Search capital is diluting to your equity position
For would-be entrepreneurs, Search Funds often appear attractive because of the pool of funds raised to fund the search process. While these funds do reduce the initial risk to the entrepreneur by paying a salary and expenses, they come at a substantial cost.  A typical Search Fund will have a 50% step-up on the Search Capital at acquisition. This means that $400,000 of Search Capital will be converted to $600,000 of investor equity at acquisition. This acts as a burden on the entrepreneur’s equity as this capital must also be returned before value begins to accrue to the common equity. As a consequence, potential Searchers should consider carefully how much Search Capital must be raised, and its impact on their equity stake.

The greater the potential equity stake, the harder it is to achieve the IRR hurdle
Many potential Searchers believe that the larger the potential equity stake the better off they are. In the most optimistic case, where they earn all of their equity, this is certainly the case. However, a significant portion of the equity is tied to the investor’s returns (typically measured with IRR), and a larger potential equity stake may make it harder to earn the full equity stake. More specifically, because the entrepreneur is entitled to a greater portion of the common equity, the company must grow more for investors to receive the same IRR on their investment (they are entitled to a smaller proportion of the value created). As a consequence, entrepreneurs who push for a higher potential equity stake may find themselves at exit with a smaller piece of the pie than if the potential stake was smaller.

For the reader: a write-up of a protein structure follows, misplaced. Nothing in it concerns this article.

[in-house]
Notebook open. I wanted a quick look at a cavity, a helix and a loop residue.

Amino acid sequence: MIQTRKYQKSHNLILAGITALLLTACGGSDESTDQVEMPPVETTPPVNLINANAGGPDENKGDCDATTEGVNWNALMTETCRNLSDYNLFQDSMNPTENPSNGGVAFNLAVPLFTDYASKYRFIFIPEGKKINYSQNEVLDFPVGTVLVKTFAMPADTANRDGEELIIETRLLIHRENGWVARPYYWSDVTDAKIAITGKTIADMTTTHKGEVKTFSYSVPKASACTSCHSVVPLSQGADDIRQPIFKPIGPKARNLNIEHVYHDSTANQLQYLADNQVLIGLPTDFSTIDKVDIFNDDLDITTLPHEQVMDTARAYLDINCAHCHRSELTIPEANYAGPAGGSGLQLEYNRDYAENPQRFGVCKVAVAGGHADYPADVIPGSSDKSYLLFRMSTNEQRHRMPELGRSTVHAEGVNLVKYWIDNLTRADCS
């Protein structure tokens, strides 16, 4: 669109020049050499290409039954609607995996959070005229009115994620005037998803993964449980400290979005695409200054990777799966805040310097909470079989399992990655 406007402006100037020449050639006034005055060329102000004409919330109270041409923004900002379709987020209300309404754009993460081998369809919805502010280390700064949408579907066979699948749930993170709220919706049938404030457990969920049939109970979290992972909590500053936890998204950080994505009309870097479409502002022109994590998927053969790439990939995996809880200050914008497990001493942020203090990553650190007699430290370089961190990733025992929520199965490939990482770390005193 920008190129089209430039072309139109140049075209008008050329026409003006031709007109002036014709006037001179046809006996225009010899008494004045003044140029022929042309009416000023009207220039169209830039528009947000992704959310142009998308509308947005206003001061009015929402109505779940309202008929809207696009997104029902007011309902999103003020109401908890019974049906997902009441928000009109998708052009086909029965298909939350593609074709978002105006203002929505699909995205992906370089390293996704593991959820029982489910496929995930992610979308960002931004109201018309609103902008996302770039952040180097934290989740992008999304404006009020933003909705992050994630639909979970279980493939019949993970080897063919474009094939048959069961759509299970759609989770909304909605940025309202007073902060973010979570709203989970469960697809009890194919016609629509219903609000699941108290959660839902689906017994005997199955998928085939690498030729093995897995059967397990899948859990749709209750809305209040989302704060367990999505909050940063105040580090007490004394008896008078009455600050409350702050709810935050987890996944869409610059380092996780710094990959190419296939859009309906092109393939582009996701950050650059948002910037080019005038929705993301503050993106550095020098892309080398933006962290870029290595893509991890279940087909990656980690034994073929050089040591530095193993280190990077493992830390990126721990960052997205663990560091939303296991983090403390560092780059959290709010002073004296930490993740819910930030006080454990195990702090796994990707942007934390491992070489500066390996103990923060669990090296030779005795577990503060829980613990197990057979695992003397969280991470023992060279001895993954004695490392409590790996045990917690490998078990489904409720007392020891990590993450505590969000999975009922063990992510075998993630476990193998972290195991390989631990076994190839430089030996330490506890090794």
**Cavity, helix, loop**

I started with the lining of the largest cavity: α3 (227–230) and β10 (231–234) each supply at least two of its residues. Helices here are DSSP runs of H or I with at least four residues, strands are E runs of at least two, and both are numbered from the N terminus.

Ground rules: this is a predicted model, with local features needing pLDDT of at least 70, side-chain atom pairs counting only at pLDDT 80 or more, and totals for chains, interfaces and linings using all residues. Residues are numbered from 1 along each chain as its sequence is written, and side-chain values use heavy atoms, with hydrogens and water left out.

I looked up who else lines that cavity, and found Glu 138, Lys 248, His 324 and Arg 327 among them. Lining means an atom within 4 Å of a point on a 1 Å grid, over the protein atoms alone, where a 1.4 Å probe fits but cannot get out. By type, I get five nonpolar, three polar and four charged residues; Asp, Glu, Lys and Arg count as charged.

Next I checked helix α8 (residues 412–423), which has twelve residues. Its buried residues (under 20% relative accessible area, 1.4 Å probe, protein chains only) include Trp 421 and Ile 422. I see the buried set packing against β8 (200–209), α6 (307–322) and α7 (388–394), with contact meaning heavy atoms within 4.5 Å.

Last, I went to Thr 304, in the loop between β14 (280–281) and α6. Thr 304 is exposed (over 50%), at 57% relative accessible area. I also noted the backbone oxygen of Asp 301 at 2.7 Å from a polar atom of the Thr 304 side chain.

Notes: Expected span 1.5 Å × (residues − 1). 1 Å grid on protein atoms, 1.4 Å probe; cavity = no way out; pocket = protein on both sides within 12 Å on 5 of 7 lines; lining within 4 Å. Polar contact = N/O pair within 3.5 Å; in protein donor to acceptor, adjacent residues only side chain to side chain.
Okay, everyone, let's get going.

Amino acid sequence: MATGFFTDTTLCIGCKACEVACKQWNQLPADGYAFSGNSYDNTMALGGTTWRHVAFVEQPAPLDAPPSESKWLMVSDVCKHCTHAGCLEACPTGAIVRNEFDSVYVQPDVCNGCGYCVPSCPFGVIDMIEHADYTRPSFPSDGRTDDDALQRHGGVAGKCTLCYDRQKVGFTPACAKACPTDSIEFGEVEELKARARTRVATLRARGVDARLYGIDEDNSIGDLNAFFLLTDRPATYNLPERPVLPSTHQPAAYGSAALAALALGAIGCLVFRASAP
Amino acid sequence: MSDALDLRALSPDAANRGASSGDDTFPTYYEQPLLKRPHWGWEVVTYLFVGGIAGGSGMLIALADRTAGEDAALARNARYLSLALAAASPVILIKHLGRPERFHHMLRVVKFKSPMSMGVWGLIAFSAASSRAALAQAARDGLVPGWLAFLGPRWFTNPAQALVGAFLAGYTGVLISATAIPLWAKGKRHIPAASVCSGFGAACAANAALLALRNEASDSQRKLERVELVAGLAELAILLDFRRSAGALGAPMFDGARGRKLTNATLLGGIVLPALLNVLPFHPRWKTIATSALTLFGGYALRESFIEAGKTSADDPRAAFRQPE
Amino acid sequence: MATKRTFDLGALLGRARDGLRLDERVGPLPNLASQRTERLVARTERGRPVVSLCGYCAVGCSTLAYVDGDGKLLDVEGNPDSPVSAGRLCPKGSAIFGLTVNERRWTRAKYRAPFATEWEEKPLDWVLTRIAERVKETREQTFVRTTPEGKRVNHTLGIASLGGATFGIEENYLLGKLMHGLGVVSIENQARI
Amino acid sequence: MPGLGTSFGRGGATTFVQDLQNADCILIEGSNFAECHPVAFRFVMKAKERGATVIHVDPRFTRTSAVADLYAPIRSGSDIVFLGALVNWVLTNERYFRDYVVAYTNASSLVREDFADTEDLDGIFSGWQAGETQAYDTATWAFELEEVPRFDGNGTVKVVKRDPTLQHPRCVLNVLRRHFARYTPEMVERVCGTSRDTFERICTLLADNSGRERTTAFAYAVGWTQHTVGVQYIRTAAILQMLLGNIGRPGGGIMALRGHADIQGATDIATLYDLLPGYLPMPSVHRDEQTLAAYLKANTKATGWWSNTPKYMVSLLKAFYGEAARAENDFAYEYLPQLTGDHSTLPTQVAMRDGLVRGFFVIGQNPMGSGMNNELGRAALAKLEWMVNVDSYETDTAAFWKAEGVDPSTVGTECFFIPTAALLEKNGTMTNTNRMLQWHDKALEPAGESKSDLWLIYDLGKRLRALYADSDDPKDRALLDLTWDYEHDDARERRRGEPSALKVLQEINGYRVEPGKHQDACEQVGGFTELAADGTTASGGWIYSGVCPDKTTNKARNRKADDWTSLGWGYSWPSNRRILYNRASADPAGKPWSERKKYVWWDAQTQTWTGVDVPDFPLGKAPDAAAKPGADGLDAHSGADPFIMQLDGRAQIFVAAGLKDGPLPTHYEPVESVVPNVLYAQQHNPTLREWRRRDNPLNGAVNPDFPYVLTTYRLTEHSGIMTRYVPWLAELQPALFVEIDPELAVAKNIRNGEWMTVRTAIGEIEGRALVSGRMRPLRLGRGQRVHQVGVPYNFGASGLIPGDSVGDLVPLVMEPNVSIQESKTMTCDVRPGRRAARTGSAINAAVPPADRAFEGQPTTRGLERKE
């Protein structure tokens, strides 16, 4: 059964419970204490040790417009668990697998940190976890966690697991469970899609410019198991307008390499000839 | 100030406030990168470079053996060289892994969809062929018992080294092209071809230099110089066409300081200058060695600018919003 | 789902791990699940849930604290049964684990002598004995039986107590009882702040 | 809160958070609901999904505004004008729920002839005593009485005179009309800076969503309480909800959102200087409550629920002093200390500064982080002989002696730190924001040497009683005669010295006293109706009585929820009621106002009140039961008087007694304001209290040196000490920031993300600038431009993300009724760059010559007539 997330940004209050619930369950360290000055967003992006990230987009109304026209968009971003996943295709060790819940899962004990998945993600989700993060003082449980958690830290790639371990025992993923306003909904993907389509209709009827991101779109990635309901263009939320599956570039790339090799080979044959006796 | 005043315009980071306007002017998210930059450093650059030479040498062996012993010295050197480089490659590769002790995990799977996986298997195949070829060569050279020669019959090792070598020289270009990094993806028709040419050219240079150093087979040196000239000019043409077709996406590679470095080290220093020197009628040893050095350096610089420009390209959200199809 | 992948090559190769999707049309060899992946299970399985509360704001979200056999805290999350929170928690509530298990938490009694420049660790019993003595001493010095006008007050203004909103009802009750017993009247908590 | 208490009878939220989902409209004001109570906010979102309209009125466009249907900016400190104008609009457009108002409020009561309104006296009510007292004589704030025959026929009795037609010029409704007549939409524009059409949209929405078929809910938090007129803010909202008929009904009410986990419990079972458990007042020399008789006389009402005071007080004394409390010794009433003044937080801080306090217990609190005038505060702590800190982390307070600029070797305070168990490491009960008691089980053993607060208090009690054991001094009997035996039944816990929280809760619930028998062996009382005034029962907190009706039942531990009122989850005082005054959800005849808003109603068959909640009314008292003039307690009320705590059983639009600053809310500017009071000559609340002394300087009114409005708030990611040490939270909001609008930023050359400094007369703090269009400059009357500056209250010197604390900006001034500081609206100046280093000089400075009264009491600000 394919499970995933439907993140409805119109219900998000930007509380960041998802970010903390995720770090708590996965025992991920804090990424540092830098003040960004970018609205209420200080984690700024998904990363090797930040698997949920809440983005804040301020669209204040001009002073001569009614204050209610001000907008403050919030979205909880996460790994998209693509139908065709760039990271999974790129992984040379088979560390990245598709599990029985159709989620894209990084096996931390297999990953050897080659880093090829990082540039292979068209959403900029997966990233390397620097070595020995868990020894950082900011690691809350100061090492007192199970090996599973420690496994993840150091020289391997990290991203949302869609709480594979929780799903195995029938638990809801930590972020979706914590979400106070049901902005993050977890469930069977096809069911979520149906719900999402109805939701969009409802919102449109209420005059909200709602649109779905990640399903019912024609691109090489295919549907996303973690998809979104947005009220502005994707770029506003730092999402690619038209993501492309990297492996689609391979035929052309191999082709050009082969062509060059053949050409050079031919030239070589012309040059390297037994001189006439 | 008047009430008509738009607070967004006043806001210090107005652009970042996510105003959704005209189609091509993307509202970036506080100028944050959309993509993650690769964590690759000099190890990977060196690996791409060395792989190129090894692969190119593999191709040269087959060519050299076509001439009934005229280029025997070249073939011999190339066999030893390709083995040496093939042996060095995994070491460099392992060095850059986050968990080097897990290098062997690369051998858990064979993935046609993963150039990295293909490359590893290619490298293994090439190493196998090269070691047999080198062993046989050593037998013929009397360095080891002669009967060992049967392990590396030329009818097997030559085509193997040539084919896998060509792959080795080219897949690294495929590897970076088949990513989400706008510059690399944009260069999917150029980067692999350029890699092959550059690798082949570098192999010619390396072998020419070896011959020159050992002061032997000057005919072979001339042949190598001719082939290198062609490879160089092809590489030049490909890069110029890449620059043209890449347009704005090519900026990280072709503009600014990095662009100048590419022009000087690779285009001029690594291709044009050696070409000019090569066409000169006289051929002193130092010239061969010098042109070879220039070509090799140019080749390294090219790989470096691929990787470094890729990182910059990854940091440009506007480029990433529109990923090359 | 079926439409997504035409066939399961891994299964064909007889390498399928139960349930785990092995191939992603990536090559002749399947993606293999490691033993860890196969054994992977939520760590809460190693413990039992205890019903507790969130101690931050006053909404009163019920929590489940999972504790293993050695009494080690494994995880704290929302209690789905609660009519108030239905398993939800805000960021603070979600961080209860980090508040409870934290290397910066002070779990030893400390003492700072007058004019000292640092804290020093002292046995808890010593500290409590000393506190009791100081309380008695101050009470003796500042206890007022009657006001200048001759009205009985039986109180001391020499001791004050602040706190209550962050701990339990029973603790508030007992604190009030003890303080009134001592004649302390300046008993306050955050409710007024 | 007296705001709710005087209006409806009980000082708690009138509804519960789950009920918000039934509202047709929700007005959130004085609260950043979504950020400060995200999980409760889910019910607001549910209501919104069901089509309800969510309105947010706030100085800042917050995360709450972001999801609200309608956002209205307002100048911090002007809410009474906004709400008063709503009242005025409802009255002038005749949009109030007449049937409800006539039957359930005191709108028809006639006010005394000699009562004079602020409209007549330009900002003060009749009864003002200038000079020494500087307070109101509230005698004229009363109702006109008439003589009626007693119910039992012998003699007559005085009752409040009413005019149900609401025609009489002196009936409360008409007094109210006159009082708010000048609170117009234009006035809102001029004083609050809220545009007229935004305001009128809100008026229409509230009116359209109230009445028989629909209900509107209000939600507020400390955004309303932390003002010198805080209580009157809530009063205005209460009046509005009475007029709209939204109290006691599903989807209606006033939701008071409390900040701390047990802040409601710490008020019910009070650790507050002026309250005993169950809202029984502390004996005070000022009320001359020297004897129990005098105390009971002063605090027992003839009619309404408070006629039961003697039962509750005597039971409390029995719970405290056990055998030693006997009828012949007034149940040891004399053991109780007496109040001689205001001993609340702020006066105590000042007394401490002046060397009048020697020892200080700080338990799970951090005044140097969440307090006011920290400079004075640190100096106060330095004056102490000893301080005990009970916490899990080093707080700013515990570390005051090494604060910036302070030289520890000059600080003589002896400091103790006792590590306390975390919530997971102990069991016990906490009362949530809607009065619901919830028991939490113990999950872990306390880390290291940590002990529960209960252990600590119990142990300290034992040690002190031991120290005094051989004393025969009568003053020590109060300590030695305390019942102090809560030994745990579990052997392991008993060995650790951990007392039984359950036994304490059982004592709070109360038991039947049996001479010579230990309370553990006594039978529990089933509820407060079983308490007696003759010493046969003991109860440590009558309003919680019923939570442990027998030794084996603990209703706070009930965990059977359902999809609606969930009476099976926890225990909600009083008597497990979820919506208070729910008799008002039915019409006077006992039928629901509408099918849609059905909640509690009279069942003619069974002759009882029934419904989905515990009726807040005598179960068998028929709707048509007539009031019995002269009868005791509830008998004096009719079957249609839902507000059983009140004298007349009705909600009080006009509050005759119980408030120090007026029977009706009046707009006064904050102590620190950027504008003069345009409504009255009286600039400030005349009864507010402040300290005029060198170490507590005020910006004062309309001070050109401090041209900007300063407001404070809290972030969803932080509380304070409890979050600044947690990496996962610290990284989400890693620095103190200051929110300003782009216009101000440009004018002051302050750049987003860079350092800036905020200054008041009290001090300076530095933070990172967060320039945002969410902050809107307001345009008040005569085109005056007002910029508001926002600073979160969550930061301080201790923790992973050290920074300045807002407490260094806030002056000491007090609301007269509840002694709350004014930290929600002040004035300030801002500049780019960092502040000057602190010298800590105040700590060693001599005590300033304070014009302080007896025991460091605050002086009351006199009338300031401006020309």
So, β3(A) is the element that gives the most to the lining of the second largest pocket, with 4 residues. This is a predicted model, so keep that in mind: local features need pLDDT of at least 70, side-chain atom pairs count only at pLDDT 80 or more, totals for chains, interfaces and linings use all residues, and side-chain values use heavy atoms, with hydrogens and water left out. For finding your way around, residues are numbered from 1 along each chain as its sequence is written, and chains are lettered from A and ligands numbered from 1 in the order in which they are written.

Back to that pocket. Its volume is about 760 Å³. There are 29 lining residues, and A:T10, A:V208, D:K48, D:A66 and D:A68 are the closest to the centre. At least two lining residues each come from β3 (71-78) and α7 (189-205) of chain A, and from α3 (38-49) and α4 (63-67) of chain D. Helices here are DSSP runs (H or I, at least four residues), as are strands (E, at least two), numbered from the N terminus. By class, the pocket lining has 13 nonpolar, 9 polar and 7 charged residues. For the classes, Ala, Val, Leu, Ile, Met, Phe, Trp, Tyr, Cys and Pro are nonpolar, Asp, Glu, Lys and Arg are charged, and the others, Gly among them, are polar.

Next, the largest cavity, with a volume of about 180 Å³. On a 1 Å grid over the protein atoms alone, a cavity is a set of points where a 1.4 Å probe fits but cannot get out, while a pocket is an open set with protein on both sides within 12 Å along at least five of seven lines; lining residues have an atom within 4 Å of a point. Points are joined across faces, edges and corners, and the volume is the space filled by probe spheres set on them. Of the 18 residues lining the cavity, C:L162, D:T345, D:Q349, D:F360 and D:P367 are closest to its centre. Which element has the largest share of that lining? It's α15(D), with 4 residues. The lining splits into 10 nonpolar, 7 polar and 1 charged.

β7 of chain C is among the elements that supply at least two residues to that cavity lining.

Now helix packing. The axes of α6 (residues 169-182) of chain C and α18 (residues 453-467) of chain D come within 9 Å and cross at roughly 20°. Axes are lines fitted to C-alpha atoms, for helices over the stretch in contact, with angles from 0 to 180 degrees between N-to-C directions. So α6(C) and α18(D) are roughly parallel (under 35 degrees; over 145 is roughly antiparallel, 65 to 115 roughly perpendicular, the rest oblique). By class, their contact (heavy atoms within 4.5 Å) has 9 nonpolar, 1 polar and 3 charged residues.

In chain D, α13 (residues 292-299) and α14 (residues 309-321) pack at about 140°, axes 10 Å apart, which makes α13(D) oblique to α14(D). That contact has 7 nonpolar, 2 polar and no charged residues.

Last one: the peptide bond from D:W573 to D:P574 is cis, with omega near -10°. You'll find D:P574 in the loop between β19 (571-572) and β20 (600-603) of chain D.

Wednesday, July 27, 2011

How are Search Funds different from Private Equity and Venture Capital?


Venture Capital
The BVCA describes venture capital funds as typically, “…back[ing] concepts or ideas brought to them by entrepreneurs, or young companies looking for financing to help them grow. Since businesses at the concept stage are nascent, venture capital investors will take a disciplined approach to evaluating not only the viability of the business idea, but also the motivation and background of the entrepreneur…”. In comparison, Search Funds typically target established profitable businesses that have a high potential for growth. These businesses are often mature (in contrast to being in the conceptual stage), but are well positioned for another period of growth. Moreover, Search Fund investors are typically investing in the potential ability of the entrepreneur (the Searcher) to run and grow an already healthy business -  in essence, the viability of the Searcher to be a strong manager.